DISA drops $16 billion contract after controversy

The Pentagon has pulled back its plans to award a$1.6 billion contract re-up to VMware after several companies protested the award in February.

The Defense Department’s cancellation of its joint enterprise licensing agreement with VMware allowed the Government Accountability Office to dismiss bid protests filed by Amazon Web Services, Citrix, Nutanix and Minburn Technology Group.

Those four companies contended the re-up was an improper sole-source request for cloud services that would have given VMware an unfair edge for DOD’s growing cloud demand.

Keep reading this article at: http://www.nextgov.com/emerging-tech/emerging-tech-blog/2015/03/disa-drops-16b-contract-after-controversy/107631

IG: Navy and Marine Corps reasonably justified IT contracts with little or no competition

The Navy and Marine Corps reasonably justified about $220 million worth of IT contracts that were solicited without full and open competition, says the Defense Department’s inspector general in a report issued Jan. 23.

The IG reviewed 66 Navy and Marine Corps IT contracts that used “other than full and open competition” to procure technology services, with 34 being sole-source contracts and the other 32 limiting competition in some way.

The 34 sole-source contracts were valued at $151.5 million, with the rest coming in around $70 million, the report says.

Keep reading this article at: http://www.fiercegovernmentit.com/story/ig-navy-and-marine-corps-justified-it-contracts-little-or-no-competition/2015-01-26

Air Force to reshape ‘cost curve’ via targeted acquisition reforms

The Air Force is kicking off a series of targeted acquisition initiatives that its leaders hope will bring in more competition, cut out internal bureaucracy and ultimately lead to faster, cheaper procurements.

Deborah Lee James, the secretary of the Air Force, announced the plans under an overall banner she dubbed “Bending the Cost Curve.” She described the initiative as a series of actions that are complementary to DoD’s Better Buying Power initiative — but more specific and tailored than the DoD-wide project.

James said the changes, which the service developed after a months-long series of roundtables with industry groups, will help the Air Force do a better job of communicating with its existing vendor base, welcoming new firms into the fold and removing bureaucratic processes that seem to serve little purpose other than to slow things down.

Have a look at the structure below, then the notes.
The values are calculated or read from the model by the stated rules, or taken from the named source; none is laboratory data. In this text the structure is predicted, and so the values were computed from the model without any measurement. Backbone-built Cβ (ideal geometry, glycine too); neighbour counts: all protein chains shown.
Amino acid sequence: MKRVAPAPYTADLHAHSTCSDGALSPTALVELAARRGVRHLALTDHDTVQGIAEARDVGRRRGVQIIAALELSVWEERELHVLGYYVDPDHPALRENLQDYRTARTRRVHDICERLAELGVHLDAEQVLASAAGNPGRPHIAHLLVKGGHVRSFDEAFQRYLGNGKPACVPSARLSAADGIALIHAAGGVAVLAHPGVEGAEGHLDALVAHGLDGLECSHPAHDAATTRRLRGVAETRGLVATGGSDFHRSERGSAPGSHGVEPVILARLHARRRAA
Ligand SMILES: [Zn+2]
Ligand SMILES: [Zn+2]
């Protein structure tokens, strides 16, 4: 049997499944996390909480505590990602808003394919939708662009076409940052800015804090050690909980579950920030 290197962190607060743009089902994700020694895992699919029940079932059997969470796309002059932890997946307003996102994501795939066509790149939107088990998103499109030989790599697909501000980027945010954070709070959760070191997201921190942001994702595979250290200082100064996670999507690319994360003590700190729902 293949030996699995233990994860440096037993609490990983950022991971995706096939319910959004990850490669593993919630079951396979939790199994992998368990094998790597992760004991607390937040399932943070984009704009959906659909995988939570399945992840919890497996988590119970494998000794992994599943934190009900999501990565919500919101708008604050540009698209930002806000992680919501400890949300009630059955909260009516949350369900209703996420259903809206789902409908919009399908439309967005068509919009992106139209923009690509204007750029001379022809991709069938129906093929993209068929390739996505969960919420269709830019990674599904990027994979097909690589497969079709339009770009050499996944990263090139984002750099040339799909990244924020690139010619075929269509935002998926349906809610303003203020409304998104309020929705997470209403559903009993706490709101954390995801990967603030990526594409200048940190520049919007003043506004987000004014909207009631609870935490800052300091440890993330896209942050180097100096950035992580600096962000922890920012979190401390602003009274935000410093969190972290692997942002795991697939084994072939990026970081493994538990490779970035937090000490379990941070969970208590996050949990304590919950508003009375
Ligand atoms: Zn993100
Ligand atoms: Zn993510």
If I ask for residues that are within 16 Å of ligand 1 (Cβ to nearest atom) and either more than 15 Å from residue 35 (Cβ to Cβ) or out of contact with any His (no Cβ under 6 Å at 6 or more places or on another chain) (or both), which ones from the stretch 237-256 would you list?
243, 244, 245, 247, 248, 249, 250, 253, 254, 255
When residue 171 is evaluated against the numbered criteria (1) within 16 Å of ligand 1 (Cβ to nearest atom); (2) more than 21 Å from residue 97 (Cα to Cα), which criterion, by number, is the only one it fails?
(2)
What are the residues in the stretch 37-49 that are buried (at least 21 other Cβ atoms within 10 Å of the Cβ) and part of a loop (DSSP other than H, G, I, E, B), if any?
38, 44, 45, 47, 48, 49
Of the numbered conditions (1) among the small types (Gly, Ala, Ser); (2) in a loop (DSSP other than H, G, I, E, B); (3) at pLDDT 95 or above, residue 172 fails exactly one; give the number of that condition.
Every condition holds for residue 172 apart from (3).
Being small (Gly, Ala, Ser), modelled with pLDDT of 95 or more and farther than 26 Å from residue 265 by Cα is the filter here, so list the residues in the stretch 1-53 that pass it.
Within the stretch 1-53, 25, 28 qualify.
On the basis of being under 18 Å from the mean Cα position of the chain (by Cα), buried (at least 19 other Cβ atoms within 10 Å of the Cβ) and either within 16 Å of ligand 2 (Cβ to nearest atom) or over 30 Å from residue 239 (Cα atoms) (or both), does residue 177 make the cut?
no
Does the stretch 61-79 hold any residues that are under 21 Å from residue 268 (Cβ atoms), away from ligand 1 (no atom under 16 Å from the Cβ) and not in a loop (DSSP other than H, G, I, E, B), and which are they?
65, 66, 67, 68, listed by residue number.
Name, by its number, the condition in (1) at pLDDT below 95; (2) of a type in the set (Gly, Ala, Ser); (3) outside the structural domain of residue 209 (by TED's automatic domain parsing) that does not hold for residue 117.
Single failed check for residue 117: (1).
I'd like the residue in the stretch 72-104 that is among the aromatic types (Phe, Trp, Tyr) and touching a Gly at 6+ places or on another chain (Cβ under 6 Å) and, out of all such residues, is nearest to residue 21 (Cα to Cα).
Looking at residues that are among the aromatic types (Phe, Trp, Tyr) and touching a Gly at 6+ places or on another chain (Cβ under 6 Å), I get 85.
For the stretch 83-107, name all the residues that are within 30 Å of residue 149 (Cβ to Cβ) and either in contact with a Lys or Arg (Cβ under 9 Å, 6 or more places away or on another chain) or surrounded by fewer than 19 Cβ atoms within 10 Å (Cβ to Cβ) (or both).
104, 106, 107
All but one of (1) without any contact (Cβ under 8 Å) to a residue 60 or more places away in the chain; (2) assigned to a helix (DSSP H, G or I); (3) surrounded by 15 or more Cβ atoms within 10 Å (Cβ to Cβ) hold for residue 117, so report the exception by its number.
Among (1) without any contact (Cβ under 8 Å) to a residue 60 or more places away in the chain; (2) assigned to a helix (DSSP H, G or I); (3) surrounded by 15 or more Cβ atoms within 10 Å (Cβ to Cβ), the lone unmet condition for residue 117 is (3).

“We are simply too slow in all that we do,” she told the Atlantic Council Wednesday evening. “Here’s one horrifying factoid: We currently average 17 months to award a contract in situations where we already know there’s only one supplier who can do the work.”

To tackle costs on its major systems, the Air Force will institutionalize a new program that will attempt to make price more of an independent variable in the service’s decisions about precisely what it wants its weapons systems to do.

Keep reading this article at: http://www.federalnewsradio.com/395/3781054/Air-Force-to-reshape-cost-curve-via-targeted-acquisition-reforms

House lawmakers call for OFPP to issue reverse auction guidance

House lawmakers are pressing the Office of Federal Procurement Policy to update the Federal Acquisition Regulations to detail how best agencies should use reverse auctions.

Reps. Jeff Miller (R-Fla.) and Sam Graves (R-Mo.), chairmen of the Veterans Affairs and Small Business committees, respectively, wrote to Anne Rung, OFPP administrator, Dec. 4, asking for a FAR case to be opened immediately to address reverse auctions.

“As you may well know, while our two committees recognize that reverse auctions, when properly used, may deliver savings to the taxpayer, we have long been concerned that some are misusing this tool to evade competition and compliance with other procurement regulations,” Graves and Miller wrote in the letter obtained by Federal News Radio.

Graves and Miller highlight findings from the December 2013 report from Government Accountability Office as well as recent GAO bid protest decisions detailing agency struggles with reverse auctions.

Keep reading this article at: http://www.federalnewsradio.com/517/3765084/House-lawmakers-call-for-OFPP-to-issue-reverse-auction-guidance

White House releases Georgia Tech-influenced national manufacturing roadmap

Leaders from Georgia Tech participated in the release of the President’s Advanced Manufacturing Partnership (AMP 2.0) final report, a one-year endeavor to outline a roadmap to secure U.S. manufacturing competitiveness. Georgia Tech President G.P. “Bud” Peterson served on the 19-person AMP 2.0 Steering Committee and numerous faculty and staff put in many hours serving on various workstreams that focused on different aspects of manufacturing competitiveness.  This effort builds on the original AMP which kicked off in 2011 and ended in 2012 and also included Georgia Tech as one of a select few universities invited by the White House to participate.